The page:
OSU Travels To Princeton For Two Races On Saturday

May 1, 2003

CORVALLIS, Ore. - -

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SCHEDULE: The No. 12 Oregon State varsity eight travels cross-country for races against No. 7 Princeton, No. 10 Yale and No. 15 Rutgers on Lake Carnegie in Princeton, N.J., on Saturday, May 3. This trip marks the first time OSU has traveled east to face these programs. The Beavers race Yale and Rutgers at 7:45 a.m., Pacific time, and take on Princeton at 12:15 p.m. OSU's junior varsity and novice eights head to Seattle for the University of Washington's Opening Day Regatta on Montlake Cut. The freshmen race at 10:54, and the JV at 11:06.

Q&A WITH DYLAN MORO: Sophomore Dylan Moro is in his first year as the coxswain for the 12th-ranked varsity eight. Moro hails from Joseph, Ore., in the eastern part of the state. As a freshman, Moro guided the novice eight to a 10th-place finish at the IRA National Championships last year. The following is a question-and-answer after a recent practice.

Q: WHAT IS YOUR FAVORITE ASPECT OF BEING A MEMBER OF THE CREW?A: 'I think the camaraderie between the guys is probably the best thing - getting everybody on the same page. Crew is the only sport that I've done where the obvious objective is to get the one boat together as one unit. It's everybody doing their own thing, but it's for one goal and one speed. It's the camaraderie that comes with that - getting all the guys together.'

Q: WHAT DOES IT TAKE TO BE A COXSWAIN?A: 'It takes showing up everyday, trying to get past your own problems and your own issues and coming to practice with a good attitude. Also, being a friend to all the guys while taking care of business. It's kind of an intermediary between being a coach and a rower. It's a middle ground. So, being able to do that yourself, and on top of that, you need to be able to do what it takes to get the guys going and know what it takes to spark them. You have to be that sparkplug and get it going. And all at the same time, you need to be good technically and know what to do to call them out to get the rowing good. You have to be on top of your game and know the race plan. You're kind of the coach on the water.'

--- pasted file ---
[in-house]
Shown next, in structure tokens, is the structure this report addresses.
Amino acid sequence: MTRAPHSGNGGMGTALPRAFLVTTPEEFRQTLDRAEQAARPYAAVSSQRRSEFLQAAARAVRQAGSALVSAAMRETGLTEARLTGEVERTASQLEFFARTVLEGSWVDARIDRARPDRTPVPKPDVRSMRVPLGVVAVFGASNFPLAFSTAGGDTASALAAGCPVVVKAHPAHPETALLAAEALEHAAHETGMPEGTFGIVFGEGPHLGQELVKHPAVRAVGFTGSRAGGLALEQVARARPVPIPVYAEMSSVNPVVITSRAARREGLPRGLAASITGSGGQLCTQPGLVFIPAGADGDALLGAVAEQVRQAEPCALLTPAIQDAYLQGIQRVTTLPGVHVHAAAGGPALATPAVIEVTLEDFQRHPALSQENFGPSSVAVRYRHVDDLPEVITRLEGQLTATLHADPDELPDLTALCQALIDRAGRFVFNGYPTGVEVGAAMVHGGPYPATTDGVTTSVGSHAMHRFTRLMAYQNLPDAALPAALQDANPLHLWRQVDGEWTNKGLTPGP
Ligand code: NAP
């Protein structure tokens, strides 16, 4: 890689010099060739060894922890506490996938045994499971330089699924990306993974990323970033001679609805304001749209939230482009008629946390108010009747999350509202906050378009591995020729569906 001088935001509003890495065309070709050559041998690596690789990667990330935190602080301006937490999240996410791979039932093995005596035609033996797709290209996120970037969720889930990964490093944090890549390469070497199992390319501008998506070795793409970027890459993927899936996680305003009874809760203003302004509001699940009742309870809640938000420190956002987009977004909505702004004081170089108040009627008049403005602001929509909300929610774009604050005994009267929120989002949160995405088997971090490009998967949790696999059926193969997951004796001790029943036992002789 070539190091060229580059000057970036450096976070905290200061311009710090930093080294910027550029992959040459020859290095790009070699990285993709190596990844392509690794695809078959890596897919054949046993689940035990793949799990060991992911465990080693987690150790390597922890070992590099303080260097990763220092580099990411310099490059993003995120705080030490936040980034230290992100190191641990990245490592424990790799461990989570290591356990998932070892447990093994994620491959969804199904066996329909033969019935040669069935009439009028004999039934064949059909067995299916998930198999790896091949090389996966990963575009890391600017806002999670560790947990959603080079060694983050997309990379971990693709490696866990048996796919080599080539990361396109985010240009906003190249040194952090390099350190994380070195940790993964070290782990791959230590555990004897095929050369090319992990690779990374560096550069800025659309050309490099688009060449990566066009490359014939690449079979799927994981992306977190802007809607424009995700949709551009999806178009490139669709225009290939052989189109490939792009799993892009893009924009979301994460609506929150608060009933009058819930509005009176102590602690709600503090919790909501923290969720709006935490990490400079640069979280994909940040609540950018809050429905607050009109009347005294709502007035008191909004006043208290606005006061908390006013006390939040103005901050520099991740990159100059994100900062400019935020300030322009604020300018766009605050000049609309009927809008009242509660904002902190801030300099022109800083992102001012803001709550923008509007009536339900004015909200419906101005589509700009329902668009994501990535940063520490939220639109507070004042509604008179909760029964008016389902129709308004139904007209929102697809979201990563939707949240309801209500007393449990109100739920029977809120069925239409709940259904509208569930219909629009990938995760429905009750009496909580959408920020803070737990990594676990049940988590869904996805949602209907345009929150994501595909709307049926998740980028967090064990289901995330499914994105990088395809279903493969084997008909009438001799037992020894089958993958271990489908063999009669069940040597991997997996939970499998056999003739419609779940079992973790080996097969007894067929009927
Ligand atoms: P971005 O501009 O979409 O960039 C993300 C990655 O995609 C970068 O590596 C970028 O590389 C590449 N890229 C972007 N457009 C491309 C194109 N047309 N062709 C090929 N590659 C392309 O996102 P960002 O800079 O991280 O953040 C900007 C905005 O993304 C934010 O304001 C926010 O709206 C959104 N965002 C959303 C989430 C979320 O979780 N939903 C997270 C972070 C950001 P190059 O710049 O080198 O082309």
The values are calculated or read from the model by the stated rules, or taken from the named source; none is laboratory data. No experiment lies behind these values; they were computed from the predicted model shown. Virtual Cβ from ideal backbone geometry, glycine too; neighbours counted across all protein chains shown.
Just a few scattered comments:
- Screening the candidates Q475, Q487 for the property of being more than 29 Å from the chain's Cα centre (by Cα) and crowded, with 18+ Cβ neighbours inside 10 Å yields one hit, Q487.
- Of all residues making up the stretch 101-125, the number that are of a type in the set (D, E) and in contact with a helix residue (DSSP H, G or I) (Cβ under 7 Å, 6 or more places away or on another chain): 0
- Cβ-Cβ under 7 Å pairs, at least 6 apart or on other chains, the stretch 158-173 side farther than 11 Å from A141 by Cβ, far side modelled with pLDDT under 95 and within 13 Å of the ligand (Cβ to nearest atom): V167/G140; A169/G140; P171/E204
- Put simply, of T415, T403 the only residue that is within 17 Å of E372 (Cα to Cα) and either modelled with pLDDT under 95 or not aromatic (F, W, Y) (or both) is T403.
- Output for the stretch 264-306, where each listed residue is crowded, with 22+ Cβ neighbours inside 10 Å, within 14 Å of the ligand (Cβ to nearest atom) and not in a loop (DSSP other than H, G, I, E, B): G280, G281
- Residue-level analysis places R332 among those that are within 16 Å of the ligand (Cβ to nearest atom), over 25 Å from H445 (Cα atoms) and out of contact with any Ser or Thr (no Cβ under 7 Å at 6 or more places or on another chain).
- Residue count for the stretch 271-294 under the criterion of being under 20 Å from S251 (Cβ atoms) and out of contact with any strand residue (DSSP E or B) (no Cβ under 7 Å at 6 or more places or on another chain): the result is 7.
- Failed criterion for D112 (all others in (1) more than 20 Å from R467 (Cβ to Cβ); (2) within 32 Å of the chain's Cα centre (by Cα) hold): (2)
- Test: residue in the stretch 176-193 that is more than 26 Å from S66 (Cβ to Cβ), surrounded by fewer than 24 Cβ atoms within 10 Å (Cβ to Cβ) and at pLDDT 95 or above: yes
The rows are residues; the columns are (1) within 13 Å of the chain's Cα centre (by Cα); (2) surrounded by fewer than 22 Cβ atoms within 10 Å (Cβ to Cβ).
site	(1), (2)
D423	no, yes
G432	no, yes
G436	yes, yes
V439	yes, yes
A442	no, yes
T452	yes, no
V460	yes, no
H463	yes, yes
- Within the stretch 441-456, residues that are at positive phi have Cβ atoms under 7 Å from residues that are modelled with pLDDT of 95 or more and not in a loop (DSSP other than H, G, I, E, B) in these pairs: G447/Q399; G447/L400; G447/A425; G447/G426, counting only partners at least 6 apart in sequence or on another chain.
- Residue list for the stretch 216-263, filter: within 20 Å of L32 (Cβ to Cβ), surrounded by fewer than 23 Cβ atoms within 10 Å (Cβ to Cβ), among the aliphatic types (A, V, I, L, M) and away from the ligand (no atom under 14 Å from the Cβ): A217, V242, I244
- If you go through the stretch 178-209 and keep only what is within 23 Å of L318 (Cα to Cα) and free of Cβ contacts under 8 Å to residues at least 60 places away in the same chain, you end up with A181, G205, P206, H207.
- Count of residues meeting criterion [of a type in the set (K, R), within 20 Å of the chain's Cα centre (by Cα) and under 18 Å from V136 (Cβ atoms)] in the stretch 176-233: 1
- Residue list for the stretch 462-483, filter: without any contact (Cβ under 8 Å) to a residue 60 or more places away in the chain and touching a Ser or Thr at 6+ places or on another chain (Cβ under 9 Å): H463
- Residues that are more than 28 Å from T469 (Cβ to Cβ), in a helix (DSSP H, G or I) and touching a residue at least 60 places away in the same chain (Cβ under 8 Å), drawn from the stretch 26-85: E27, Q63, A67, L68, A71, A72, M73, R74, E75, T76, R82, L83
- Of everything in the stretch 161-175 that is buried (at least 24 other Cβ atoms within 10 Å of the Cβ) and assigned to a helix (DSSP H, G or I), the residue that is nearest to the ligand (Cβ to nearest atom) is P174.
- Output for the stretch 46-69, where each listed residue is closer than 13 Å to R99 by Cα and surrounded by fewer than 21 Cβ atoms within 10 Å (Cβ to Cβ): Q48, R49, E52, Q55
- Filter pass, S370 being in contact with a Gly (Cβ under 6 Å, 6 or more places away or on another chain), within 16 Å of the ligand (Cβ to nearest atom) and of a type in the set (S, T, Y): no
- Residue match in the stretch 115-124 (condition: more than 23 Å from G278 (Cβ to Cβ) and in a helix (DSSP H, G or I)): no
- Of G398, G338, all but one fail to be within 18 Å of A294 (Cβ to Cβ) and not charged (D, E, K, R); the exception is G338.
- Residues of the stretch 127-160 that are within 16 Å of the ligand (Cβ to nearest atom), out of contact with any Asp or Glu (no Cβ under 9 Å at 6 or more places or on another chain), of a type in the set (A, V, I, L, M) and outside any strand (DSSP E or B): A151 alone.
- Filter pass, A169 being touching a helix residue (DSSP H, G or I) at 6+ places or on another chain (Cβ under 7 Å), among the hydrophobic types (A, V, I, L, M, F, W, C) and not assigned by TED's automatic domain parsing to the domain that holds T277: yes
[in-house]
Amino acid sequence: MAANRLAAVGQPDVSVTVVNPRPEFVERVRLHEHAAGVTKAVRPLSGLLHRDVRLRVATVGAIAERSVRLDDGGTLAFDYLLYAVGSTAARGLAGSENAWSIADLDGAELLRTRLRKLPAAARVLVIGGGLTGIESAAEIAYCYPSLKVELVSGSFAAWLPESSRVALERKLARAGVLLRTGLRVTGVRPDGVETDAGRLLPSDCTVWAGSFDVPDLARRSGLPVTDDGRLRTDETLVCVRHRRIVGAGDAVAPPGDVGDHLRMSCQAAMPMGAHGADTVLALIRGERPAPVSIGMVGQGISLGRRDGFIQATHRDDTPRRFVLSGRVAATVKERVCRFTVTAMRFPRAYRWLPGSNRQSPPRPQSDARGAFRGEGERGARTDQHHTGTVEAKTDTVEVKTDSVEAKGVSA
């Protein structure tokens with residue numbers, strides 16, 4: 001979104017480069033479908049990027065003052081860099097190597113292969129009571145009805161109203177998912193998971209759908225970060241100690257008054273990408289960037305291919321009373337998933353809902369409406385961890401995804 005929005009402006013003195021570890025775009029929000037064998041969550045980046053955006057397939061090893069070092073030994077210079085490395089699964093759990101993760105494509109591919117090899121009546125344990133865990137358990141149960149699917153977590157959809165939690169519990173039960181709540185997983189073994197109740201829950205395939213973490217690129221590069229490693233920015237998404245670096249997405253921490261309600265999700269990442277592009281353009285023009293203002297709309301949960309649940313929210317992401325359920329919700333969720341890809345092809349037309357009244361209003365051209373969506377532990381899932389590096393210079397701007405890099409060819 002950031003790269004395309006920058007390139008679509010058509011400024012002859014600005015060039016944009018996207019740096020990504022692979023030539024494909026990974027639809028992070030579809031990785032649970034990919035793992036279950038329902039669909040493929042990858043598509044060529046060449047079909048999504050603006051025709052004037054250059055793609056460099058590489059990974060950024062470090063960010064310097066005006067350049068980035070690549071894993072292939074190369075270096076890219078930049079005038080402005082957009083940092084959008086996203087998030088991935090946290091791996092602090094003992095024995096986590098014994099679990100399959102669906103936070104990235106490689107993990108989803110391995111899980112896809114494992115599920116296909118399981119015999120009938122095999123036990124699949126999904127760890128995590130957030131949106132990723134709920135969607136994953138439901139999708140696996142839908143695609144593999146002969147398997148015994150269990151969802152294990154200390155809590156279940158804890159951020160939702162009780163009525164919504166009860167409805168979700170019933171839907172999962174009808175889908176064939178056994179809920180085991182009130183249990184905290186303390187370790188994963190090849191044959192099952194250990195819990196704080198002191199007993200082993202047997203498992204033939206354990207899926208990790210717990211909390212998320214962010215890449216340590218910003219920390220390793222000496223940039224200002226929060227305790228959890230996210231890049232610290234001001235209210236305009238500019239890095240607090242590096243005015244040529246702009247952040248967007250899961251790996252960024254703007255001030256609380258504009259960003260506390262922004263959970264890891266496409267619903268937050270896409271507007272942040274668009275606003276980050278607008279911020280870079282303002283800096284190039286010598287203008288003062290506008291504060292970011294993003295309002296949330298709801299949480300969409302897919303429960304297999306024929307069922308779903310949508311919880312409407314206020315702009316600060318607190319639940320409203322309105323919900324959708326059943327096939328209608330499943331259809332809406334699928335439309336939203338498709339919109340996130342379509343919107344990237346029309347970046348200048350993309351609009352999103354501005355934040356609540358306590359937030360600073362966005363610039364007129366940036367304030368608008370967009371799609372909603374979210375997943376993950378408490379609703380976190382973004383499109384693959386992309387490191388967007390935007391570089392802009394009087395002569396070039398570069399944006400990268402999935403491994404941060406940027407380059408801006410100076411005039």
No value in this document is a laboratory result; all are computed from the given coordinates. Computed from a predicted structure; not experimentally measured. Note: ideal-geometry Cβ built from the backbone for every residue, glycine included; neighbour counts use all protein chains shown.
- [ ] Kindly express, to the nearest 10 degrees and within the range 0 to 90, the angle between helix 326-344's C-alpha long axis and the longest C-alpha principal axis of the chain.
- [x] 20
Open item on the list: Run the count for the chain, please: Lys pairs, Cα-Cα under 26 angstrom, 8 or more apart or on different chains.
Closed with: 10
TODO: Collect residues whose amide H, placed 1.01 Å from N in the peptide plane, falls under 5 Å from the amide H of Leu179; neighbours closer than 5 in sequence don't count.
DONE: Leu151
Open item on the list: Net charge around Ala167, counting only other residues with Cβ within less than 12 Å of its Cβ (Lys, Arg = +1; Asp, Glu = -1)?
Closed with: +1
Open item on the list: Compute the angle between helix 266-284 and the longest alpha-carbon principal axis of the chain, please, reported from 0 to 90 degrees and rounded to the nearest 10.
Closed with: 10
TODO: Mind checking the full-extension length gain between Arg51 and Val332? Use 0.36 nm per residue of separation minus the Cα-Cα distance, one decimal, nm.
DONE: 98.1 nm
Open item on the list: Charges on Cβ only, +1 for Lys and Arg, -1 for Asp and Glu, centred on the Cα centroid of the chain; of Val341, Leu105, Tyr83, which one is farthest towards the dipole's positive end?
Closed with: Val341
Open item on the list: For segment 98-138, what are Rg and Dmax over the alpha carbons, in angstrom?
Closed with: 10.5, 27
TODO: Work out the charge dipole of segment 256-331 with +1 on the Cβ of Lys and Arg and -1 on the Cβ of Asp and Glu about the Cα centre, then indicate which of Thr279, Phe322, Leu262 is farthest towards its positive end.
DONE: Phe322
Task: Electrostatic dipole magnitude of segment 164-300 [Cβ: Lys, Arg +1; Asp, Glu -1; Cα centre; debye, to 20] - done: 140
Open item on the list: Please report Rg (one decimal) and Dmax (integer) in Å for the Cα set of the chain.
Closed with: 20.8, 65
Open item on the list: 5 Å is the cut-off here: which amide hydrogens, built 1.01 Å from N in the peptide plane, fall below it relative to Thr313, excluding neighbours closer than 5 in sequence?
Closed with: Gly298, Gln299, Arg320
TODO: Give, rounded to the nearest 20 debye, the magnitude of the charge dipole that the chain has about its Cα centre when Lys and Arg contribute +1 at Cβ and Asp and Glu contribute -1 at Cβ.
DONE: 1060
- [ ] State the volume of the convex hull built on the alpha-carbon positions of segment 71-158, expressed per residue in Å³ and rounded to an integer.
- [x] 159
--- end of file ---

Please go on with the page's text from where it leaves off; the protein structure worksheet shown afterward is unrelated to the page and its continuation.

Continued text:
Q: IS THERE A FINE LINE BETWEEN BEING A COACH ON THE WATER AND A FRIEND OFF THE WATER?A: 'Yeah, it's tough to find, but I think it's just keeping an open mind, knowing that every guy is going to need something different and being accepting in that aspect. Still, at the same time, it's taking care of business, for sure.'

Q: AS A COXSWAIN, DO YOU EVER GET ON AN ERGOMETER AND ROW?A: 'This winter, we were on the erg a lot, so we try to keep in decent shape, though I don't know if it shows now. I do the erg workouts, but I've never really had a chance to row, because Kjell has to have me coxswain.'

Q: IS THE ERGING MORE TO GET AN UNDERSTANDING OF WHAT THESE GUYS ARE DOING?A: 'I do it for that reason, and also, I feel like if they're sitting there at six in the morning and rowing, instead of sitting there and watching, the least I could do is half the piece. It's just a respect thing. And sometimes it feels good, but usually it doesn't.'

Q: YOU MENTIONED IN THE MEDIA GUIDE SOME OF YOUR PERSONAL INTERESTS INCLUDE BULLRIDING...A: 'That was just a joke. Someday though, I'd like to.'

Q: YOU ALSO MENTIONED YOU PLAY GUITAR.A: 'I started out about three years ago and had my little garage band - it was just power chords and alternative-type stuff. My roommate (Jeff Sturgeon) plays acoustic. Jeff's the novice coxswain - we just jam out and listen to stuff like Dave Matthews and Bob Marley.'

Q: GOLF IS ALSO SOMETHING YOU LISTED AS AN INTEREST. DO YOU HAVE ANY FAVORITE GOLF COURSES?A: 'You know, I'm not the most experienced golfer, but I'm working at an all-girls camp in Maine this summer, and I'm coaching golf class. So, hopefully that course will be my favorite. Right now, I'd have to go with the course in my hometown, Enterprise (Oregon) - Scenic Meadows.'

Q: IF THERE WAS ONE THING YOU COULD SAY ABOUT ROWING THAT MOST PEOPLE DON'T KNOW, WHAT WOULD THAT BE?A: 'I think there is a perception about rowing that it's a bunch of guys who are stupid enough to come kill themselves and get up at six in the morning for a sport that doesn't really matter. I think the biggest thing is that there is a lot of intelligence that goes into it. There's a commitment. Every collegiate sport has that commitment, but rowing has the same level of competitiveness. I think it just needs a little more respect in that aspect. The guys are here because they love the sport and they love to do it.'

Q: THERE'S NOT A LOT OF GLORY.A: 'Definitely, but that's kind of nice to not always be in the mainstream and just do your thing. You just earn the recognition and respect, and I think last year, they did that. Hopefully, this year will build on that again.'

Q: ANYTHING ELSE YOU WANT TO ADD?A: 'For the season, I hope it keeps going like it has. We're getting the building blocks down - we haven't had the best two races, but practice is good and the spirit in the boat is starting to pick up, so it's looking positive. This weekend will be a big determinant. It's looking better, and I think it will continue to go well. Hopefully, Oregon State can keep living up to being the underdog who shows up and goes. I think we will, the speed will come.'

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